Tuesday, January 11, 2011
'Real Zombies... is an antidote to the dozens of Hollywood films that monotonously portray the lurching, reanimated dead. True zombie traditions are vast and multicultural, and they have been almost completely overlooked by the popular media...'
Non-fiction paranormal and occult reference books can be a something of a dodgy proposition; the very best ones out there balance entertainment value with at least a modicum of well-referenced and accurately-reported information; the worst are given over completely to sensationalism, with nothing in the way of 'hard evidence' - at least as far as it's possible to provide hard evidence on matters paranormal - to engage the interest of vaguely-skeptical readers.
Real Zombies falls somewhere in the middle, with Steiger speculating heavily on such matters as Hitler's attempt to create a zombie army, and occasionally stating as fact such things as the popularity of 'zombie brides' in the American South following the Civil War. It's certainly entertaining stuff, but, when offered without any backing historical and/or reputable evidence*, it occasionally feels as though Steiger is asking us to take a little too much on faith alone**. That aside, there's a great deal of fascinating information to be found here, with chapters on such things as zombies as heralds of the Apocalypse, eating flesh as a religious experience, governmental experiments to create zombies, and of course much exploration of vodou culture. On balance, there's also a fair bit of material that seems to have little to do with the central topic; reports on 'real-life' sightings of swamp monsters and lycanthropes, tales of urban demon-worship, and information on flesh-eating mythological creatures from around the globe. Ultimately, though, Real Zombies is an entertaining and informative read; whether you take is as fact, fiction, or a mixture of the two, however, will be largely up to you.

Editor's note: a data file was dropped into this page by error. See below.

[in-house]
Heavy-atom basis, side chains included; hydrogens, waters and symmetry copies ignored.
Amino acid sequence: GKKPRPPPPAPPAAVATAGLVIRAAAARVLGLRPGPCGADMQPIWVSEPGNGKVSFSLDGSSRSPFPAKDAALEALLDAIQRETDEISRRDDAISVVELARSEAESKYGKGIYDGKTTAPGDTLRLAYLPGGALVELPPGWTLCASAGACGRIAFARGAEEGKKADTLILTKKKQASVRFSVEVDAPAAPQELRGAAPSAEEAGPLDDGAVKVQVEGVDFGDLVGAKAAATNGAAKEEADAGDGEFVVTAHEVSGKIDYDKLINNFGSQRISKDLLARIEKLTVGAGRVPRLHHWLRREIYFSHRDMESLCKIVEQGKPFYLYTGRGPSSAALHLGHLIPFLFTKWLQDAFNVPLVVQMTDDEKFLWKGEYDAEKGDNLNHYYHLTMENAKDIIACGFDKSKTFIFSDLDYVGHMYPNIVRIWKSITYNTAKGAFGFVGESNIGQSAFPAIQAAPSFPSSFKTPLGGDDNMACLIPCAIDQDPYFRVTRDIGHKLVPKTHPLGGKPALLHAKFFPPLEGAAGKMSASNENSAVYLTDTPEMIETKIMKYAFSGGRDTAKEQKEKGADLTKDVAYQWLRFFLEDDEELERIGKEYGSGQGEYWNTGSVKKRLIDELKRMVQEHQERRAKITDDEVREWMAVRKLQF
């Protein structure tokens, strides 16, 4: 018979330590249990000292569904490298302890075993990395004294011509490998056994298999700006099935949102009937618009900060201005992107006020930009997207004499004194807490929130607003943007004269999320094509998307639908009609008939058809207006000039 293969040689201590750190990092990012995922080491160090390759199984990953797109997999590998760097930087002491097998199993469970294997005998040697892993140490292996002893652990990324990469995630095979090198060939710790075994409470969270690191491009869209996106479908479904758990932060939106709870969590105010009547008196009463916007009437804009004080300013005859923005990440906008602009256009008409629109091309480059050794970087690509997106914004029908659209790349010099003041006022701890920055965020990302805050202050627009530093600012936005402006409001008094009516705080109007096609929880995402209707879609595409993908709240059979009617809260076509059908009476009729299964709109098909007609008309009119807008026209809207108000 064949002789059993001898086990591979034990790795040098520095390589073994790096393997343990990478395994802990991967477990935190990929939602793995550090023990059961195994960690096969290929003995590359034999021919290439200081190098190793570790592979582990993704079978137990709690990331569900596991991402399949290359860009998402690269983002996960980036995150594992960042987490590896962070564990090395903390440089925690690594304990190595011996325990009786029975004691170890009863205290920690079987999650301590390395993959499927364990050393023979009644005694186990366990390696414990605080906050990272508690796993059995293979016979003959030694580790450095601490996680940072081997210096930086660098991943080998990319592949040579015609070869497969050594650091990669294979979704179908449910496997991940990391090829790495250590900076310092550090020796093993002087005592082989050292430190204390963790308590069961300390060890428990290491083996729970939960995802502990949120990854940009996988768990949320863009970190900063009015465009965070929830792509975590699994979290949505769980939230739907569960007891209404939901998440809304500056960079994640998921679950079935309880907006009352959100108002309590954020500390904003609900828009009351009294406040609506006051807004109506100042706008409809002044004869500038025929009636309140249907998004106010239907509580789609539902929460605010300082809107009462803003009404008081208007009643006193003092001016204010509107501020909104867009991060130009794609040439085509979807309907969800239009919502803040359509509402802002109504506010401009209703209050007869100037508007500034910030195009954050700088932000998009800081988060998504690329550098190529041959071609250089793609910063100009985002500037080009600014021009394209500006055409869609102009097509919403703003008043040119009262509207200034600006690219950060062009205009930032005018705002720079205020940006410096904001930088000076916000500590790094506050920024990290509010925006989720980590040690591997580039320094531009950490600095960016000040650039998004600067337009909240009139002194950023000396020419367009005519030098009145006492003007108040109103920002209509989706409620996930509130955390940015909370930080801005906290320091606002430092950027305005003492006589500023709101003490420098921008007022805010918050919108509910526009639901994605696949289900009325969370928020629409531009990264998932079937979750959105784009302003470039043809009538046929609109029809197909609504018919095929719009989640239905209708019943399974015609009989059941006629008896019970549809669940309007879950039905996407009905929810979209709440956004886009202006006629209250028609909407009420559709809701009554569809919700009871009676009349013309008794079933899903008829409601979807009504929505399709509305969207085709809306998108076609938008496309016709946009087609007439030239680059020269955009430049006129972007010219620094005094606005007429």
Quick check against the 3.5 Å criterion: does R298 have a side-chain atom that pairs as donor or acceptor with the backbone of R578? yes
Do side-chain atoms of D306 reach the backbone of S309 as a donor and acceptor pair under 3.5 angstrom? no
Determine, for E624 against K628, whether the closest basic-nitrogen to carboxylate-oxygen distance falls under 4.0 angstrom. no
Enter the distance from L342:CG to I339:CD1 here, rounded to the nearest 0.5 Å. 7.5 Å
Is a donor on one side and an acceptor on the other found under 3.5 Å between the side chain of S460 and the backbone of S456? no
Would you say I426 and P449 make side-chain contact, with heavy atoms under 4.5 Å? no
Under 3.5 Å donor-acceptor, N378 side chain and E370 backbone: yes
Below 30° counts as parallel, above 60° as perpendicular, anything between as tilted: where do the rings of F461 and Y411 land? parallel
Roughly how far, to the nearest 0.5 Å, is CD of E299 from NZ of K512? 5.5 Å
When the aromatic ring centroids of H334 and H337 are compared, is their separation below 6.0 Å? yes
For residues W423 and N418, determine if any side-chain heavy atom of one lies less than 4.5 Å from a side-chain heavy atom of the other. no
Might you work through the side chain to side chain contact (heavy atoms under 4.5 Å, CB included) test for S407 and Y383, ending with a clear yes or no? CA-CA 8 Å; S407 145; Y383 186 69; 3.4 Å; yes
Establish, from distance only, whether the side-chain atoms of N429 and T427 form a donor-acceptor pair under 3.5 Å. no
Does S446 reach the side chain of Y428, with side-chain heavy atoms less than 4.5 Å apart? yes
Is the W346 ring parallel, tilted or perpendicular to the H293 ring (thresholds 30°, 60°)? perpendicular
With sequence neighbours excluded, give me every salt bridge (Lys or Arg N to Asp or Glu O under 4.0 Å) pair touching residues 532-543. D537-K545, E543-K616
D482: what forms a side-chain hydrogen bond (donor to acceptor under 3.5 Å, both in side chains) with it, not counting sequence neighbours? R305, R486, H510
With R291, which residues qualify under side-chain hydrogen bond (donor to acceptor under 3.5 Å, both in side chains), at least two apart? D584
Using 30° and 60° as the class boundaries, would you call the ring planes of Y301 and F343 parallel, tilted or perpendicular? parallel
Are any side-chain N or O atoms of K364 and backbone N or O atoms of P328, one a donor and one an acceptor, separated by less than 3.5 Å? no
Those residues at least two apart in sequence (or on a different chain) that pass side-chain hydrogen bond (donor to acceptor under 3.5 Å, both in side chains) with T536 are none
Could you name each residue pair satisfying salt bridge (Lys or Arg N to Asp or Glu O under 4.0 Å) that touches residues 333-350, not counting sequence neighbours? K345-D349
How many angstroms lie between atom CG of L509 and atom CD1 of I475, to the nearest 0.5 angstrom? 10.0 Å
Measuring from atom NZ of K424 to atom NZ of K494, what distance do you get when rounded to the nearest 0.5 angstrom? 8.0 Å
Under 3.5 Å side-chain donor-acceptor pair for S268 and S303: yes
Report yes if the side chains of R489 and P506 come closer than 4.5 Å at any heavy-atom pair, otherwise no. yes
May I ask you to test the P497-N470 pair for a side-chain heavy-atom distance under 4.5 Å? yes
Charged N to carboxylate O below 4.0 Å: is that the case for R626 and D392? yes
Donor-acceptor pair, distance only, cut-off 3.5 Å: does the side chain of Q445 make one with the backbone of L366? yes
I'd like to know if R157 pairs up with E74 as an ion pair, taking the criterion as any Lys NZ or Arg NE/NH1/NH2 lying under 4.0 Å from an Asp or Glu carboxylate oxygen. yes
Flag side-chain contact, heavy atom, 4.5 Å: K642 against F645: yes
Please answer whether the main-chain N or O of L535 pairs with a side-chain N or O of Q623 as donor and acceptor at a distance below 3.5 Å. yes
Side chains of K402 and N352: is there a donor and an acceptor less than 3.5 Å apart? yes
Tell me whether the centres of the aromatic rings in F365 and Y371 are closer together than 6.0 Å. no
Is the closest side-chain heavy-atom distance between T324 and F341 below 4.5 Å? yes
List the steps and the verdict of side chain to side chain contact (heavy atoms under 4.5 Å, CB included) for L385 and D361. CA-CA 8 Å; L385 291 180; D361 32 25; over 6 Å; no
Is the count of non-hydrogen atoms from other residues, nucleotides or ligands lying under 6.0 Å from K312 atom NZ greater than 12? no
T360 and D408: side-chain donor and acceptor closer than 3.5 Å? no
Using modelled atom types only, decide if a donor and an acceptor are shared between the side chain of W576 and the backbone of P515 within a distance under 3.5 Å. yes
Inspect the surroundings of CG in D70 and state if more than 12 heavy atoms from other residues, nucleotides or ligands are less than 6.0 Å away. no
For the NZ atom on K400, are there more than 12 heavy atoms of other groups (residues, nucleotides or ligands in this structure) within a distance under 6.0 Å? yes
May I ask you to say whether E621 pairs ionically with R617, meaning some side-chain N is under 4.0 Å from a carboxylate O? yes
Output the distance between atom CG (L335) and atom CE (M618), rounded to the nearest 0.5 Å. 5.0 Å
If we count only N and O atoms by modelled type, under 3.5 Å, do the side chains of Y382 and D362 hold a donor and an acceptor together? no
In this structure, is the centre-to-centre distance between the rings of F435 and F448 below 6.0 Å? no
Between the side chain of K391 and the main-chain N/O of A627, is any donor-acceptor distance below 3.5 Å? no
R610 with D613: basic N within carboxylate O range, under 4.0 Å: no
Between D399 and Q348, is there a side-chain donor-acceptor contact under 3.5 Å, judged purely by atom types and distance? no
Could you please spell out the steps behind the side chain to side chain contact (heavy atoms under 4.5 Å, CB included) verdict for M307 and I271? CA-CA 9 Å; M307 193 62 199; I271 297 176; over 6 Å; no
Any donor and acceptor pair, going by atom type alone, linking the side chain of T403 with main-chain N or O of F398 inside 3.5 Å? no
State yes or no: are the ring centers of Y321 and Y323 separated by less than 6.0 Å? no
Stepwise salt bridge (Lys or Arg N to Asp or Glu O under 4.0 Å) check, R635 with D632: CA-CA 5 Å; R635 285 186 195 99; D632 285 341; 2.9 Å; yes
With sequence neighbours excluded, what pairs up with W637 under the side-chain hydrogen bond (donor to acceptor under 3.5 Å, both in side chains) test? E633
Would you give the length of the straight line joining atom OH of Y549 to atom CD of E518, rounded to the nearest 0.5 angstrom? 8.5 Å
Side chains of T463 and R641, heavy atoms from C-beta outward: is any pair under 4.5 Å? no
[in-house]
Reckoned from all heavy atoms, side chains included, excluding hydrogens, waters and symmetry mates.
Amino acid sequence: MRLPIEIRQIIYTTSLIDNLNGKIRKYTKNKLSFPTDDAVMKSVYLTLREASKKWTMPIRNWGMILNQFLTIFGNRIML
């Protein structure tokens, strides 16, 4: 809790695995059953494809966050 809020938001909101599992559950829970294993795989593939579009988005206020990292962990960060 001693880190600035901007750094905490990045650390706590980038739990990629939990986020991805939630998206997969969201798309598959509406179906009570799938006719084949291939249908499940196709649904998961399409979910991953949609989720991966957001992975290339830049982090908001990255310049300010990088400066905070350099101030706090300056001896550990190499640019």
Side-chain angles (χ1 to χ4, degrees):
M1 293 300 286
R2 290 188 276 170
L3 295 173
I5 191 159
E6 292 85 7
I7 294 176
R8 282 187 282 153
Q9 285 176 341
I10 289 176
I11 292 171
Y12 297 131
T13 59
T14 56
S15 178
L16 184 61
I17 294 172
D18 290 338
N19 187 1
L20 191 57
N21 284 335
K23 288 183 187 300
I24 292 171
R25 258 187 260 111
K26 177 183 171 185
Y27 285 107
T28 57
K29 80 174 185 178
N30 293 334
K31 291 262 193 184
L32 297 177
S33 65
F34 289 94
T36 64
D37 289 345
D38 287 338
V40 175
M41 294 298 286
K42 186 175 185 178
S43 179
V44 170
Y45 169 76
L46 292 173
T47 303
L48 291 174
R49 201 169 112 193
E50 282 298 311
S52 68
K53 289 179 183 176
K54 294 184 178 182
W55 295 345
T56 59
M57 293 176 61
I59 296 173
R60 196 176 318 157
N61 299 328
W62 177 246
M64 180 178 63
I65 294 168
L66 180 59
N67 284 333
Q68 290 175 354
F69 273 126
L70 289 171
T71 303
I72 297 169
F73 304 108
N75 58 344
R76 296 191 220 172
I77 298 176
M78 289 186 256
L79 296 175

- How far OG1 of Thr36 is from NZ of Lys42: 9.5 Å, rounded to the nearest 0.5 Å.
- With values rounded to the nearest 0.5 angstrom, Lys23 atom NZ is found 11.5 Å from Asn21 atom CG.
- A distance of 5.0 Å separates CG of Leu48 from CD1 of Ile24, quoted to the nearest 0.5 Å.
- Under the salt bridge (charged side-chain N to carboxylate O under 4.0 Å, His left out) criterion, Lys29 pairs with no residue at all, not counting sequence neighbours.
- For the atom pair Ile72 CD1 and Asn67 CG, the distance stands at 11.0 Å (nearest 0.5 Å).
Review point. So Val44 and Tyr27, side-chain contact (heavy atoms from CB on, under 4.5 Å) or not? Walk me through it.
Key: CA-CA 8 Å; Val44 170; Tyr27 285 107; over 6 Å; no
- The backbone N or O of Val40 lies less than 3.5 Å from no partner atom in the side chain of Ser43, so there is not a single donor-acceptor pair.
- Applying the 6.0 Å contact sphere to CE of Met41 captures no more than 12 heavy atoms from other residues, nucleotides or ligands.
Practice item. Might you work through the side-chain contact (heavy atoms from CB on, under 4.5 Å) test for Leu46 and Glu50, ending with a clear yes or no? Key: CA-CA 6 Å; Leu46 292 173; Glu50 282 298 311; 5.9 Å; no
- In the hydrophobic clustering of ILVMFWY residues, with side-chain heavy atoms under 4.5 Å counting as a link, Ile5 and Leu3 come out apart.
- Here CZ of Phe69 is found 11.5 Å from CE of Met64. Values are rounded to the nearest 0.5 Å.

* Possibly I'm expecting too much here, the nature of the topic again not necessarily allowing for academic referencing and the like. On the other hand, though, stating as fact something that - to the best of my knowledge - is not generally accepted as fact requires at least some backing evidence, such as, say, the tentative opinion of some little-known historian. Even a simple disclaimer along the lines of 'So-and-so believes that...' - which immediately identifies the information as honest speculation - is generally sufficient.
** As a practicing vodouissant myself, I certainly have no issues with taking things on faith, so don't imagine for a moment that I'm rubbishing anything related to belief in the occult (or religion, etc). However, again, if an author is going to present such matters as non-fiction, rather than as either fiction or an obvious trapping of Faith (such as a religious text), it falls to the author to provide more than just their personal statement of fact.